When Pernille Ripp discussed in her blog writing circles, I took notice. Classes differ in dynamics from year to year, and this year I have a vocal class, who needs time to discuss, plan, and share each part of the writing process. I decided to try these dynamic circles with my classes.
This can be both a blessing and a curse at times, but with a plan in mind and flexibility, I dove into the process of establishing the writing circles. Students interviewed each other and then made suggestions as to who they thought they would mesh well with as a writing team. I then took the self evaluations and interview results, and used the information while creating the circles.
Students then met with their groups. Listening practice, verbal sharing, and Round Robin writing were used to create a bond for the team of writers, while enjoying laughter and creativity within the circles increased participation. Discussions surrounding expectations of members of each writing circle were discussed and examples of criteria established.
Now, not all students were immediately on board with this process, as sharing writing requires a different level of trust. As middle level learners, fear enters into the sharing of your ideas. As an educator with a Master’s Degree specializing in Middle Level Education and several years as a middle level writing instructor, I knew I needed to alleviate their worries if writing circles were going to work. I assured students of independence during initial planning before embarking on a share session with their writing circles.
Throughout the process, I found myself facilitating, rather than refocusing groups and reminding students of timelines. After each writing mini-lesson, writing circle members would gather and either assist members with incorporating or editing for the technique. Feedback was offered several times throughout the drafting process, which was much more meaningful than the number of times I would be able to check in with groups of 26-32 students at a time. Writing circle members found themselves as idea generators, authors, editors, revisers, and supporters. Members were held accountable within their circles and the results have been amazing.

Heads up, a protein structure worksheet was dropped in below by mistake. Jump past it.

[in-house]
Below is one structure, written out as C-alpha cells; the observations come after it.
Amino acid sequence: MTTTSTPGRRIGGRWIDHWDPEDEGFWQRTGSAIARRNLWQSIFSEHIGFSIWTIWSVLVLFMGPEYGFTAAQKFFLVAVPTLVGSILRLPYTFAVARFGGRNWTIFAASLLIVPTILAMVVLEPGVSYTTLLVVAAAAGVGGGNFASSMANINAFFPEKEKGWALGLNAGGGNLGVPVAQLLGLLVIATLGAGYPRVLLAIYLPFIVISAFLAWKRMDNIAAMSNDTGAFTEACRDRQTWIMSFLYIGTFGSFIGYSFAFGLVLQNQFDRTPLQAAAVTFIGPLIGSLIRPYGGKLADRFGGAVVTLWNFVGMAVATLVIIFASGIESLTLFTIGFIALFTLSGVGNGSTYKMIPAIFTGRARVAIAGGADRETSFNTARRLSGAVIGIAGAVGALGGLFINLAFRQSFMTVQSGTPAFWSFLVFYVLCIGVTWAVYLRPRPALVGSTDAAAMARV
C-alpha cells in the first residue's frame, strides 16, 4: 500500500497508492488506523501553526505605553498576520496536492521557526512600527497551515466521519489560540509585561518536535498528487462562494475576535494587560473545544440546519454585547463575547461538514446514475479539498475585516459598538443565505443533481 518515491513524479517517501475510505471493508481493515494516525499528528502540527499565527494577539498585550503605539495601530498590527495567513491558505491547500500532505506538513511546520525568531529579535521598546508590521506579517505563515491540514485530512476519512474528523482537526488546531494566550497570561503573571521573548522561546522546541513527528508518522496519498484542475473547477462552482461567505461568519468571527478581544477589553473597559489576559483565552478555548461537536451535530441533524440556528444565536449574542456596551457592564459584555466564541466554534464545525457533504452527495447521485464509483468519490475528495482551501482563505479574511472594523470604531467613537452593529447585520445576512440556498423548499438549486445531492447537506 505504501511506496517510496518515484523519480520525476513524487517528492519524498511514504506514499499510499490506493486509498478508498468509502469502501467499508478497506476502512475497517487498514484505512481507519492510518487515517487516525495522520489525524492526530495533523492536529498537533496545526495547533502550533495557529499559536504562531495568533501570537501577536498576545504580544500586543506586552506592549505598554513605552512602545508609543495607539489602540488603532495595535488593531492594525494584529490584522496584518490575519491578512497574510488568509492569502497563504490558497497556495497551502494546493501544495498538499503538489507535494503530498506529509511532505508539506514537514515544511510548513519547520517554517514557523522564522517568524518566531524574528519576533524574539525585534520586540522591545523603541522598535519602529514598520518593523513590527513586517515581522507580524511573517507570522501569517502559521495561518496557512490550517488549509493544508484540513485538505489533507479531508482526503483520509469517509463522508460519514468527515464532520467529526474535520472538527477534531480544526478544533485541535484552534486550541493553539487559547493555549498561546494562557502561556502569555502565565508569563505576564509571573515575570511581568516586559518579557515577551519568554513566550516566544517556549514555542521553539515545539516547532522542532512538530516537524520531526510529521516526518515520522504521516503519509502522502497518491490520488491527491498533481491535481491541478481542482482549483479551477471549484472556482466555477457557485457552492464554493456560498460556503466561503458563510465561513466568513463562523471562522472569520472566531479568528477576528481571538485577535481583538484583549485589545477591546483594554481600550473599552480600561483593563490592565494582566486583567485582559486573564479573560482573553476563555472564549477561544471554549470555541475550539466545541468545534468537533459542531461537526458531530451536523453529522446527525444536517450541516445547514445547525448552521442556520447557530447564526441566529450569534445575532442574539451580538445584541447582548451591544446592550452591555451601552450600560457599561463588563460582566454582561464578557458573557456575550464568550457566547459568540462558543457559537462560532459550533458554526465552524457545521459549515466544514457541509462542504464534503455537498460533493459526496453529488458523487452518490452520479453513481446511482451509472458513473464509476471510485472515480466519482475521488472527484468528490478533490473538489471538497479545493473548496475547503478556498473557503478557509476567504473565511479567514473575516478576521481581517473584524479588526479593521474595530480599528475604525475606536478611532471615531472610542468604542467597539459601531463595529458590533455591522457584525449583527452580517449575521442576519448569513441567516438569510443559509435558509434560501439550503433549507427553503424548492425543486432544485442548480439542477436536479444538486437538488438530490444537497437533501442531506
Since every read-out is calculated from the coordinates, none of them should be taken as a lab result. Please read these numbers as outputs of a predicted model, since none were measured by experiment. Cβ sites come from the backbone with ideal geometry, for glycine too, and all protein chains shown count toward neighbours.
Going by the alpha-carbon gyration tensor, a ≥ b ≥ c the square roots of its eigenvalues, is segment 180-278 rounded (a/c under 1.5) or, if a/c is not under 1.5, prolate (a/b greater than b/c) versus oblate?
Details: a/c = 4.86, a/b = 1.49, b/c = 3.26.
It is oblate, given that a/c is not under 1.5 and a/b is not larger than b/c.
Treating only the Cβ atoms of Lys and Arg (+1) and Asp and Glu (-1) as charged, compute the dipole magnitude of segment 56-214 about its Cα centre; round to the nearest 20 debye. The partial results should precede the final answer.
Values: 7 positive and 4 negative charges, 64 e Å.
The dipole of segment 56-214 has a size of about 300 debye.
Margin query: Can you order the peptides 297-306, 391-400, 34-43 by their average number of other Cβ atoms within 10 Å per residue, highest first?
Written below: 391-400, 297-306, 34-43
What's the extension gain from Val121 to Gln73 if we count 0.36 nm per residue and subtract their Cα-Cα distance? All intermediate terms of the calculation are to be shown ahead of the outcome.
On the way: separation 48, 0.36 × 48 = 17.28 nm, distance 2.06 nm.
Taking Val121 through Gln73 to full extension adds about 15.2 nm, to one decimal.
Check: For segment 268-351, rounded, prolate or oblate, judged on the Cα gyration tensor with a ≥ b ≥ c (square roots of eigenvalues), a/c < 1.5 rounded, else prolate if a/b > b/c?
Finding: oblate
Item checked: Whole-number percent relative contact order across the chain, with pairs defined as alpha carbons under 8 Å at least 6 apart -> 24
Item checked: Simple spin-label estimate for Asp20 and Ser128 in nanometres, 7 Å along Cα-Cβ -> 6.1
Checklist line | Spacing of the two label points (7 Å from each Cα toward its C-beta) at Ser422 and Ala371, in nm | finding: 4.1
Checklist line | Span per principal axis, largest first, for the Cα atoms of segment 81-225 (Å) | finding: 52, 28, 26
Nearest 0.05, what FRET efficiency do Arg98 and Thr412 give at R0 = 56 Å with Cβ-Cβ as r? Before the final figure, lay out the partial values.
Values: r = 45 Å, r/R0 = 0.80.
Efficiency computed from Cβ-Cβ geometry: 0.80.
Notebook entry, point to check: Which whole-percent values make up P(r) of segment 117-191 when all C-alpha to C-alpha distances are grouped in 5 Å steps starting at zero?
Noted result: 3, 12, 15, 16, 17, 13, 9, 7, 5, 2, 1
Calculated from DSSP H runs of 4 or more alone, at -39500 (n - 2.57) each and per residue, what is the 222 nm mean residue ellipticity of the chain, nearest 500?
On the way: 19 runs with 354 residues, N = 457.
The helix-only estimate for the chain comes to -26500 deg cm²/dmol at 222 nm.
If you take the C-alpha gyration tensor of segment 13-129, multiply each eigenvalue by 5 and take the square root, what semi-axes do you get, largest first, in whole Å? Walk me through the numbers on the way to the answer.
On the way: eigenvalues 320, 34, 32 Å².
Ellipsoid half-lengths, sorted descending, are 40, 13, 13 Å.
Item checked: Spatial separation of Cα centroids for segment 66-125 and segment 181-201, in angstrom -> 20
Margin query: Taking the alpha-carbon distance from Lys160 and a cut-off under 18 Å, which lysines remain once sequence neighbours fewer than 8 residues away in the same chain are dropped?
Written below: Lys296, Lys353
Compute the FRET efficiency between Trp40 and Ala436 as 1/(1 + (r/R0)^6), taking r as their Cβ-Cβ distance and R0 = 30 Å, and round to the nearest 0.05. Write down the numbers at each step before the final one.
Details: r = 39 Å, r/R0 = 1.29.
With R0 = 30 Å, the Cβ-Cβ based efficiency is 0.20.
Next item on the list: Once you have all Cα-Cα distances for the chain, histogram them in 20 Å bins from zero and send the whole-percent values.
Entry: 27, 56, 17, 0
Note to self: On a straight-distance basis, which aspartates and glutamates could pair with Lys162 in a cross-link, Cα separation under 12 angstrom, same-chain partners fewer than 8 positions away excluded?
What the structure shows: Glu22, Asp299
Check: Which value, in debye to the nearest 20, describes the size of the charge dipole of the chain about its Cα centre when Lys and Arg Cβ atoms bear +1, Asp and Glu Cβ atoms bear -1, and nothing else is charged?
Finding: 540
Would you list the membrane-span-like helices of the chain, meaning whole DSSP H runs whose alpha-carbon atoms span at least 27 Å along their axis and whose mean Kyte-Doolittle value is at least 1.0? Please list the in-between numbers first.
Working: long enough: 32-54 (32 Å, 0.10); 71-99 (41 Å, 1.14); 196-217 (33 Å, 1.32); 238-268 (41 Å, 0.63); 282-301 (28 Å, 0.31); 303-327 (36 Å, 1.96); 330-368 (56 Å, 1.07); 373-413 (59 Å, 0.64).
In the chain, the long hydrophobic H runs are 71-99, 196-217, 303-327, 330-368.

So what were my observations as I assessed student work? Overall data shows an increase in completion rate, less students opting to not turn in the assignment, and an increased use of figurative language and mechanics used properly. The previously assigned paper resulted in 13% of my students submitting incomplete assignments, while 3% submitted nothing. With the incorporation of writing circles, 2% of my students submitted incomplete papers, while zero submitted nothing.
Now, is the increase solely based on the incorporation of writing circles? I do believe writing circles positively impacted student achievement, but the genre must also be considered, as a memoir and urban legend are quite different. Although, the genre type may have influenced student achievement, I do believe the layers of improvement are beyond the difference between genres.
Students incorporated a depth and voice beyond what I have experienced this early in the year. I attribute this to the number of editors viewing and offering feedback for the author. This multi-tiered approach offered students several opportunities to improve their writing. Figurative language was detailed to the point where I found myself taking heed of the cautionary tale.
Writing Circles will be incorporated throughout writing this year as the benefits outweigh any negatives and the impressive papers submitted have sold me on the technique as student accountability has increased. Give it a try, as it is well worth the planning involved.